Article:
Effective Leadership Starts with What We Believe
Some think that being a productive leadership is all about charisma and communication. Others believe it's all about vision. Still, others see strong leadership flowing from skills, techniques, or processes. I see all of these as essential components of good leadership, but without the right foundation, they will be counterproductive. I believe that to be an excellent leader; we must start with what we believe–we need to have the right mindset–one that motivates us to create with integrity the future we want with the people we lead.
Let me give you a personal example. Several years ago, I bought a new car that I enjoyed and valued. I came home one day, pulled my brand-new sedan into the driveway, and noticed my son Cory's car, the old family SUV parked in front of my car.
As I put my car in park, his taillights flashed on and began to back out. As I laid on the horn, he accelerated and backed right into me. It was a hard hit, although fortunately neither of us was hurt.
How did I respond to the situation?
In the split second I had to formulate my response, I realized I had a choice: I could have a reactor mindset, or I could have a creator mindset. I could yell at my son, ground him, and take his car away-all signs of a reactor mindset-or I could show him I loved him and that he was more important than my car.
I realized I could leverage the situation to create something positive. So I committed to having a creator mindset.
My father inspires me. As a teenager, a boat I was hauling broke free from the trailer hitch and careened into several parked cars. (Again, no one was hurt.) I called my dad to let him know what happened, and he said:
"Brett, call me back when you've got everything taken care of."
I wanted to teach my son the same thing. I wanted to share with him the importance of creating solutions to his problems. So I got out of the car, approached Cory, and wrapped my arms around him. My son had tears streaming down his face; I wanted to be there for him and let him know I cared. I wasn't happy about the wreck, but I knew I could hold my son accountable from a place of love and respect, where he knew he was more important than my car.
Later, I decided that Cory would take care of the logistics of getting the cars repaired and help cover some of the costs. This decision was a direct result of a creator's mindset.
What, exactly, is a mindset?
To understand mindsets, we need to start with what we do. Our actions are the result of our thoughts–in other words, what we think determines how we act. For example, when we say or do the right thing, but what we are thinking is more harmful, people can "read" our body language. And when we don't handle things well, but we care, people can usually see our good intentions. Our thoughts always leak out.
Our thoughts flow from our mindset-our collective beliefs about how things work. Our mindset may include an idea that we are more or less important than other people. If so, we are likely working with a reactor's mindset. On the other hand, if we believe that all people are all equally important and deserving of our respect then we are fostering a creator's mindset. If we see ourselves as a victim of circumstance, we are reacting, and we are likely to think that it is okay to lash out in anger at someone. But if we believe that we always can choose our response to our situation, we are positioned to create a better future.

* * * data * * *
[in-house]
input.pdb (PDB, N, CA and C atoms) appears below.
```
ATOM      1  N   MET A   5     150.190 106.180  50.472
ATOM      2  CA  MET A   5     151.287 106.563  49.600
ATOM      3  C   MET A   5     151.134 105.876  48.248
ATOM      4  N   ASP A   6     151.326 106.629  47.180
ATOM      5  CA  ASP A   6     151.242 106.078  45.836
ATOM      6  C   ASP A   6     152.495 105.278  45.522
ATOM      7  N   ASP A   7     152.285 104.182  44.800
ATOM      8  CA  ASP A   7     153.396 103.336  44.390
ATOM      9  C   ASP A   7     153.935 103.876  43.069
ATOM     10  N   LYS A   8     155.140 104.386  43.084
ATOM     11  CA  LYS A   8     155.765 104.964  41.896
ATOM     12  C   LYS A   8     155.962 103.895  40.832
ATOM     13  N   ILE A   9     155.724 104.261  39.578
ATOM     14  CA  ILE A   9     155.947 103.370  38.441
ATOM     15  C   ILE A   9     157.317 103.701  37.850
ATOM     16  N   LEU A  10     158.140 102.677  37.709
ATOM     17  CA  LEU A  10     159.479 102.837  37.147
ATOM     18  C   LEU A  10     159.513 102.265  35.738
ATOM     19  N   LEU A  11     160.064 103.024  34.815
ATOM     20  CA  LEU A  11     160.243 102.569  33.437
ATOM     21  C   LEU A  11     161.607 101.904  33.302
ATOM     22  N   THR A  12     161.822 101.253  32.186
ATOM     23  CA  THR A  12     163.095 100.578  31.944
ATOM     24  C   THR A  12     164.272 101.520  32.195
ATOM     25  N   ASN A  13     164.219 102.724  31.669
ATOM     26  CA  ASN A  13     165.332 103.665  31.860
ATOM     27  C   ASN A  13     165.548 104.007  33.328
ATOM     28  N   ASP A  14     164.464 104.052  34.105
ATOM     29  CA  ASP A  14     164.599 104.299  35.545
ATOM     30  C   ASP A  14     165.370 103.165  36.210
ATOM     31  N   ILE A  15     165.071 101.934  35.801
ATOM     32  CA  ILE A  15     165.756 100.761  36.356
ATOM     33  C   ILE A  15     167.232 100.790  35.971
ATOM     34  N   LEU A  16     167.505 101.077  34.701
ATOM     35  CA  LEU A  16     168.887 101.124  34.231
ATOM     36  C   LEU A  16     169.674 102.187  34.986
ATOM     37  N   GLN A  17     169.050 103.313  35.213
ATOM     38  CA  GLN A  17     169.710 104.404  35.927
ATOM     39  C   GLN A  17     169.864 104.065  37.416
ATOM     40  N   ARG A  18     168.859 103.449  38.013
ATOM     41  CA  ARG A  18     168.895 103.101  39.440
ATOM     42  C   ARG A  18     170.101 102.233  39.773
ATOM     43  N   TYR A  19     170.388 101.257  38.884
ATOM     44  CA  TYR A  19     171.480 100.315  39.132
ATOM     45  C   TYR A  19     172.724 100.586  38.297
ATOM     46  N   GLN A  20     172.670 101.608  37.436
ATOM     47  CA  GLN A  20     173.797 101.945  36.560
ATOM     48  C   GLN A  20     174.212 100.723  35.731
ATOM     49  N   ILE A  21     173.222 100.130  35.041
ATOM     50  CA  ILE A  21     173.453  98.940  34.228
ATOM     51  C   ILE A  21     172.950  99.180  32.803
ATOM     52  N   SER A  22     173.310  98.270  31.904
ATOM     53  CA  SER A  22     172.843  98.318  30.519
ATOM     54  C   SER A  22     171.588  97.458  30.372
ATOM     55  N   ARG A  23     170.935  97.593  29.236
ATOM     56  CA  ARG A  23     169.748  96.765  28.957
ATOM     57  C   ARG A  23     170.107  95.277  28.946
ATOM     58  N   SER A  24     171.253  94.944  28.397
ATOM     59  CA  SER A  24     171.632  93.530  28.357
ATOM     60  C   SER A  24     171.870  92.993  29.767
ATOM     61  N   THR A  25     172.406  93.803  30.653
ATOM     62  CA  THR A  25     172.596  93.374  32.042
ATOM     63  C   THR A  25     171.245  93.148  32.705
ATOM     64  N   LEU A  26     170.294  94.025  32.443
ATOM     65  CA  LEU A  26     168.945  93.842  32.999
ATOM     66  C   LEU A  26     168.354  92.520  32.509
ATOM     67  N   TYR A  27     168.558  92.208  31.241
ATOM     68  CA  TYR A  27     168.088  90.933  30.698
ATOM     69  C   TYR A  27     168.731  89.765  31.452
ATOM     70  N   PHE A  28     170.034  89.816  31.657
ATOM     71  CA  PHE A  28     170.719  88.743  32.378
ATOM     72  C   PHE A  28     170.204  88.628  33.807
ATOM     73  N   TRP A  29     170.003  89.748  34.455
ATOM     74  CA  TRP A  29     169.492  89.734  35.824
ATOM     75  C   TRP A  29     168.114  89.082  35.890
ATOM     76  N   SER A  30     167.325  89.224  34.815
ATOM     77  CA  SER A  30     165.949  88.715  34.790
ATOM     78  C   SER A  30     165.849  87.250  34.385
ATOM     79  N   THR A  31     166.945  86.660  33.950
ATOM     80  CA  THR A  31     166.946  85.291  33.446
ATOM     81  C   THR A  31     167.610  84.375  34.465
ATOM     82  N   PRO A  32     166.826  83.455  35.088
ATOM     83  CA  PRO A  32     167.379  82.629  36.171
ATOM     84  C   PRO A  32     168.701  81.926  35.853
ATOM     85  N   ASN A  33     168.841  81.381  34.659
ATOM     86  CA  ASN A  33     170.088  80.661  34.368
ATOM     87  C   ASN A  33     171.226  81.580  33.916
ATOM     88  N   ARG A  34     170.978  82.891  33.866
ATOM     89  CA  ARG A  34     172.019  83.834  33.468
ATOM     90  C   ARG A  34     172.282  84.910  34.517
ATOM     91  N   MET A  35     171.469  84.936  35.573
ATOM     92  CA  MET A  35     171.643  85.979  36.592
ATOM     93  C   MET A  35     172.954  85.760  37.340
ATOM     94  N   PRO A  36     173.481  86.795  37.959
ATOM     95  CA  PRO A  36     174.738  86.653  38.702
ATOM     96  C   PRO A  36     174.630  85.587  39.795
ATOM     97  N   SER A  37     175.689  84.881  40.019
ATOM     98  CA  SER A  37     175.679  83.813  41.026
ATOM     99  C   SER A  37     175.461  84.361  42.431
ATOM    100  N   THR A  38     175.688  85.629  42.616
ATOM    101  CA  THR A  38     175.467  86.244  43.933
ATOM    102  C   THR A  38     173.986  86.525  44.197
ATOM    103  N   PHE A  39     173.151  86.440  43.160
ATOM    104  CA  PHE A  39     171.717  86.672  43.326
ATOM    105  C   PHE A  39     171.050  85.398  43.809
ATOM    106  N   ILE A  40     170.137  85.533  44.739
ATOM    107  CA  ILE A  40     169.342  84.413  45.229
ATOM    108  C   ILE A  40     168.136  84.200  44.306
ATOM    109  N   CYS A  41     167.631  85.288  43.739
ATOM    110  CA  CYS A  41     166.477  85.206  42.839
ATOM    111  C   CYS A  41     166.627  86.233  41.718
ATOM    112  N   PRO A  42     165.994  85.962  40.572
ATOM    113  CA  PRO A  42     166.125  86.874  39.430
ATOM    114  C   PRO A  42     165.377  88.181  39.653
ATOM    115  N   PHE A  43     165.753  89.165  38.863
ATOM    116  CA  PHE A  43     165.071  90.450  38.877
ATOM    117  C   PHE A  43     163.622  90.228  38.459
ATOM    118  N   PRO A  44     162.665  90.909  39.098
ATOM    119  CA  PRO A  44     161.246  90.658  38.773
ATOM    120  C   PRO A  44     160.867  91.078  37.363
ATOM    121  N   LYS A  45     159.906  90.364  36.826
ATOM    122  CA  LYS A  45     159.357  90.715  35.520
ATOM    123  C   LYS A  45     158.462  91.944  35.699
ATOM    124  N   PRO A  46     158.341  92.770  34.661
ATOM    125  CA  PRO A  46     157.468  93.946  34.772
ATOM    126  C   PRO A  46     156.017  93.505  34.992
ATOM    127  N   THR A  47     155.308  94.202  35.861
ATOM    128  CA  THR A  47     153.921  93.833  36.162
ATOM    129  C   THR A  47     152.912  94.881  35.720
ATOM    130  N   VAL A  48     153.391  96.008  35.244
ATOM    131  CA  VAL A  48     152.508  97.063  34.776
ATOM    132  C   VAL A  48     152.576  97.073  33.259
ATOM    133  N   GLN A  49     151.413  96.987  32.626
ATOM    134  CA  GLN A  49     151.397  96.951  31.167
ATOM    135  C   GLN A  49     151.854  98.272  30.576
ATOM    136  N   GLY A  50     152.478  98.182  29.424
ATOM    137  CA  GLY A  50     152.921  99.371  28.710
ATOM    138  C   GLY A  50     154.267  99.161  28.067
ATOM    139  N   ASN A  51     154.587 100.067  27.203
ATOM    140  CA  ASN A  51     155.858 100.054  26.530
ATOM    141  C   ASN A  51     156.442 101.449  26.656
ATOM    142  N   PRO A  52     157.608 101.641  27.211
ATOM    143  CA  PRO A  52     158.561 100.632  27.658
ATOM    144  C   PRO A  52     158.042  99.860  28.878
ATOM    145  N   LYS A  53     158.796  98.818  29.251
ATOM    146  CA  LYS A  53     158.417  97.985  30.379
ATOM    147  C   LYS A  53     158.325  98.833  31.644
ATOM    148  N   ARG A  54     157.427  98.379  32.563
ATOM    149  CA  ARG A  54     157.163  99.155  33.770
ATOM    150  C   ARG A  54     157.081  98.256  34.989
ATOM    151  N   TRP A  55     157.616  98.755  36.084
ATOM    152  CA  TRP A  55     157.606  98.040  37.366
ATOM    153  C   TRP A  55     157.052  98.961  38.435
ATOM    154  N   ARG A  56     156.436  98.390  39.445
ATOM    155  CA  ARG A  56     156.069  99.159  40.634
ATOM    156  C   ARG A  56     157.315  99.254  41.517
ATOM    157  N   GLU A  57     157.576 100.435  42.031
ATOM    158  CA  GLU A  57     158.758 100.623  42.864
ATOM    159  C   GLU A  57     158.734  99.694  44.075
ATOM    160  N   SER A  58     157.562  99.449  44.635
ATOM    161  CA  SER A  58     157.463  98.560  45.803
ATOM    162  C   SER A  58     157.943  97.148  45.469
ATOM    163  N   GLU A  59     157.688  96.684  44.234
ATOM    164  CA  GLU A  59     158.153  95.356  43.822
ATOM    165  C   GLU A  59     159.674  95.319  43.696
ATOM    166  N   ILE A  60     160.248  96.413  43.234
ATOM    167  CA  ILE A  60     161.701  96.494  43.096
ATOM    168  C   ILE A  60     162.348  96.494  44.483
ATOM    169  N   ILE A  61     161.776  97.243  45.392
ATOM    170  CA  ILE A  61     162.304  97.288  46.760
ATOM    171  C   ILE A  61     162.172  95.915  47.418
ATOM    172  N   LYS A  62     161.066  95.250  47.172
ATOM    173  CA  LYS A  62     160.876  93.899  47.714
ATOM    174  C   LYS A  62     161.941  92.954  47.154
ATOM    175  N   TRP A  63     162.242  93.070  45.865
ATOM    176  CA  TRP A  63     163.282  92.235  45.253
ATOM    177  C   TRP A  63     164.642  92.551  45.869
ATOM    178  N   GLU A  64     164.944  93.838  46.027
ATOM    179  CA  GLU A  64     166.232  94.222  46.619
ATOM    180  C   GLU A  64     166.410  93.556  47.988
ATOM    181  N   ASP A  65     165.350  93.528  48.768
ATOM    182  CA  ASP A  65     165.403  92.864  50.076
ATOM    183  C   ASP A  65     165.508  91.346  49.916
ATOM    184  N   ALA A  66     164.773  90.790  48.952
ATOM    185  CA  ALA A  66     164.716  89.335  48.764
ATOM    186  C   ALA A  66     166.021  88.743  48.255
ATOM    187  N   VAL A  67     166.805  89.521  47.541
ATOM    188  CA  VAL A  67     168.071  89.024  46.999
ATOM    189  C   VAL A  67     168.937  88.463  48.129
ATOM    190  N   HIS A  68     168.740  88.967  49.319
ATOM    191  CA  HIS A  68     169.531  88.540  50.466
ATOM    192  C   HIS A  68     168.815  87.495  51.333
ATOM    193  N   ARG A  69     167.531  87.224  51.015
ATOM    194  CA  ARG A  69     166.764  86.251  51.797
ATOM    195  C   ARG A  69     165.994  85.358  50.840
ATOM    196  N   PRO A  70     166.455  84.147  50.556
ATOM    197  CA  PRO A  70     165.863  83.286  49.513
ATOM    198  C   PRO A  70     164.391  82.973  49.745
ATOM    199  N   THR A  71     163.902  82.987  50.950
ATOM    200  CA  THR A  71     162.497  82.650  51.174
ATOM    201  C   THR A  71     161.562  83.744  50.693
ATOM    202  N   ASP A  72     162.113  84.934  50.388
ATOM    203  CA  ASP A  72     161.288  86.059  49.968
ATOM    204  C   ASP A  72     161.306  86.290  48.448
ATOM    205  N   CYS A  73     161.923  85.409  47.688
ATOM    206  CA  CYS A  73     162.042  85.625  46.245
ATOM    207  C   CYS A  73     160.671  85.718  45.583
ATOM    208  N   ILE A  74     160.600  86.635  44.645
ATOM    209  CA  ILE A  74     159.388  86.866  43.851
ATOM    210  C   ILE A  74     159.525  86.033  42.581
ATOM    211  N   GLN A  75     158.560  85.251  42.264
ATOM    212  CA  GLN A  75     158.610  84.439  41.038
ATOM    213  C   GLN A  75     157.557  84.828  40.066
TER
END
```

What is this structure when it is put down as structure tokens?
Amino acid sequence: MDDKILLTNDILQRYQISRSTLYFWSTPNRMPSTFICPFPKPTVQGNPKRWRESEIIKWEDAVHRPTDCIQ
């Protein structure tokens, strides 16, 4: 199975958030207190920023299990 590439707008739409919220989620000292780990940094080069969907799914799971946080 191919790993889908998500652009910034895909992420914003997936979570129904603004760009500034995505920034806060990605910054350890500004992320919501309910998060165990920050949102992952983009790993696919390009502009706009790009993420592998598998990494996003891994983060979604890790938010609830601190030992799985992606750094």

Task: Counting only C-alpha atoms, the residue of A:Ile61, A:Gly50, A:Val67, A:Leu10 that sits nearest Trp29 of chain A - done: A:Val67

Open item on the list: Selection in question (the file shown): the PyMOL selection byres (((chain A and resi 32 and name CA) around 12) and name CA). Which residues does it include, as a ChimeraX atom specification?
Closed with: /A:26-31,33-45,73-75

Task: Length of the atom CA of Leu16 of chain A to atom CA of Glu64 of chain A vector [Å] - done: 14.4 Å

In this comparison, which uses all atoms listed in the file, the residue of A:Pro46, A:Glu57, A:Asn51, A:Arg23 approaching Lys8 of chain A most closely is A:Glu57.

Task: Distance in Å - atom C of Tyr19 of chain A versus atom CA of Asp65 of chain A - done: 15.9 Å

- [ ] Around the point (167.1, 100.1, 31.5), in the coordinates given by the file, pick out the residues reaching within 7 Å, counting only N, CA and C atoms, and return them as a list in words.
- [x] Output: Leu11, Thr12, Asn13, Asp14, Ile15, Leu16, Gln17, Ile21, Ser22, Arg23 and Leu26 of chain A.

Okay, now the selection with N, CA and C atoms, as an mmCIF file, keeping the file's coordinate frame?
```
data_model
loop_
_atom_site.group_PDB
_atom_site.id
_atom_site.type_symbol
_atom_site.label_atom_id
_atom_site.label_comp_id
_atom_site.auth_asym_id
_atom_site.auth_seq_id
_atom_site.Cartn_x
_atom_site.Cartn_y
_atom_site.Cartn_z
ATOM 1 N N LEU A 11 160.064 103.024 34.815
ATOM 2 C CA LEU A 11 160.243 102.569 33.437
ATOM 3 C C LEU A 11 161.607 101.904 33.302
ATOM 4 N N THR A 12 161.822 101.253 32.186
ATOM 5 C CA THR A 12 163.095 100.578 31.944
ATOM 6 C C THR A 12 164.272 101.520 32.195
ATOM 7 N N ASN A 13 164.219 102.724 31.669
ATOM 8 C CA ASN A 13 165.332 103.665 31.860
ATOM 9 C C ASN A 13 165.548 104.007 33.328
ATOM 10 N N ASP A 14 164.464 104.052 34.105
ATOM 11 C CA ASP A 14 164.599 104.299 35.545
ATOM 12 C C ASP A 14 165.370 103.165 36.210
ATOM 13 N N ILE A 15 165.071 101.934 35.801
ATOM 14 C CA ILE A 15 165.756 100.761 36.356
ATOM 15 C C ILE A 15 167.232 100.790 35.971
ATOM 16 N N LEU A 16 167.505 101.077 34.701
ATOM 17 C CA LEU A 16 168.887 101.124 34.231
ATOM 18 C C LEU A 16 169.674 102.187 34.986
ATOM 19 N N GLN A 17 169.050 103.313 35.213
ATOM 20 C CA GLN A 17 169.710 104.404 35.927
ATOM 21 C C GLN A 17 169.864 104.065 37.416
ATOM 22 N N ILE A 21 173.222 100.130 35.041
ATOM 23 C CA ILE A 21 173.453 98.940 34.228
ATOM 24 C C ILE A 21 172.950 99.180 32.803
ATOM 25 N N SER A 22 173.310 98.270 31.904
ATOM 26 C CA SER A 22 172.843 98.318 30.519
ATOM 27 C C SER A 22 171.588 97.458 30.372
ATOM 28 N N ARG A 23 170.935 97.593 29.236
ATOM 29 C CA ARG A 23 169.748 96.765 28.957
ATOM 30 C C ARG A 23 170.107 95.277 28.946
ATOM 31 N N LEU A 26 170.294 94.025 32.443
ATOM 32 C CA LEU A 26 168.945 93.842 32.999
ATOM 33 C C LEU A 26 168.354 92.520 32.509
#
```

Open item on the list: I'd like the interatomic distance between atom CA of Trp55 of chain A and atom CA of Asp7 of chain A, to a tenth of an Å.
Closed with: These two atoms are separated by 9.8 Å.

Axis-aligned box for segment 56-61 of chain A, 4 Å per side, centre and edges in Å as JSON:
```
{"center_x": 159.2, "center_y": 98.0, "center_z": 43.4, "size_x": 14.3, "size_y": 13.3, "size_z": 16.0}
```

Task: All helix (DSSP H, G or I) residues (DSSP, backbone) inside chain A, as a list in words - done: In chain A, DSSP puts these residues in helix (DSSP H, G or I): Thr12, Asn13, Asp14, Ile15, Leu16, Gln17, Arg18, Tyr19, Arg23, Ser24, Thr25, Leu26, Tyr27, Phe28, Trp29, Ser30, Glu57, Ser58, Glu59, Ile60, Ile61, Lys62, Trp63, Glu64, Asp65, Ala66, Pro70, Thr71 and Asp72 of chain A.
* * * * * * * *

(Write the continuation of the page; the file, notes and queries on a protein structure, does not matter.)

With a creator mindset, leaders understand they are in control of what they think and do. They recognize that all people have innate worth and capability and that they can continue to learn and develop by showing respect for others. As a leader, deep respect for others, even when you disagree with them, can help broaden your sphere of influence.
Have you noticed that the most effective leaders are open to new possibilities and approaches? That they have a mentality of abundance and feel they can make a difference? That they genuinely care about the people that they work?
These leaders have a creator's mindset.
Mindsets form based on how we interpret our experiences.
In work and life, our mindsets come from our experiences. The brain interprets our struggles and tries to prove that our interpretation of them are accurate. That said, when we engage with other people, we do not necessarily see what is taking place below the surface. And this is why a creator mindset is so important.
Suppose that a coworker storms into your office. They drop a pile of paperwork on your desk, demand that you fill it out as soon as possible, and slam the door on their way out.
The "interpreter" in your brain may decide this person is rude. But with a creator mindset, you will come to realize they aren't a jerk. You'll recognize that they are likely dealing with something challenging in their life-maybe sickness or financial problems-and that they merely have a reactor mindset.
Adopting a creator mindset starts with aligning your actions with your thought and mindsets.
Our environment is admittedly complicated. To lead with integrity, we must align our actions with reality. For example, if you say, "Good job!" to one of your colleagues. If you don't believe they did a good job, this will create dissonance. We communicate our authentic thoughts through body language and other cues, and the inconsistency is not constructive. To lead with integrity, we need to align our actions and thoughts with a creator's mindset.
From there work to accept what you are experiencing as your reality and then choose a response to your situation that helps you create the future you want for yourself and your team.
There is more to it, but doing these things will give you a great start.
Do you have a creator mindset? As a leader, think about what you can do to become less reactive and more creative.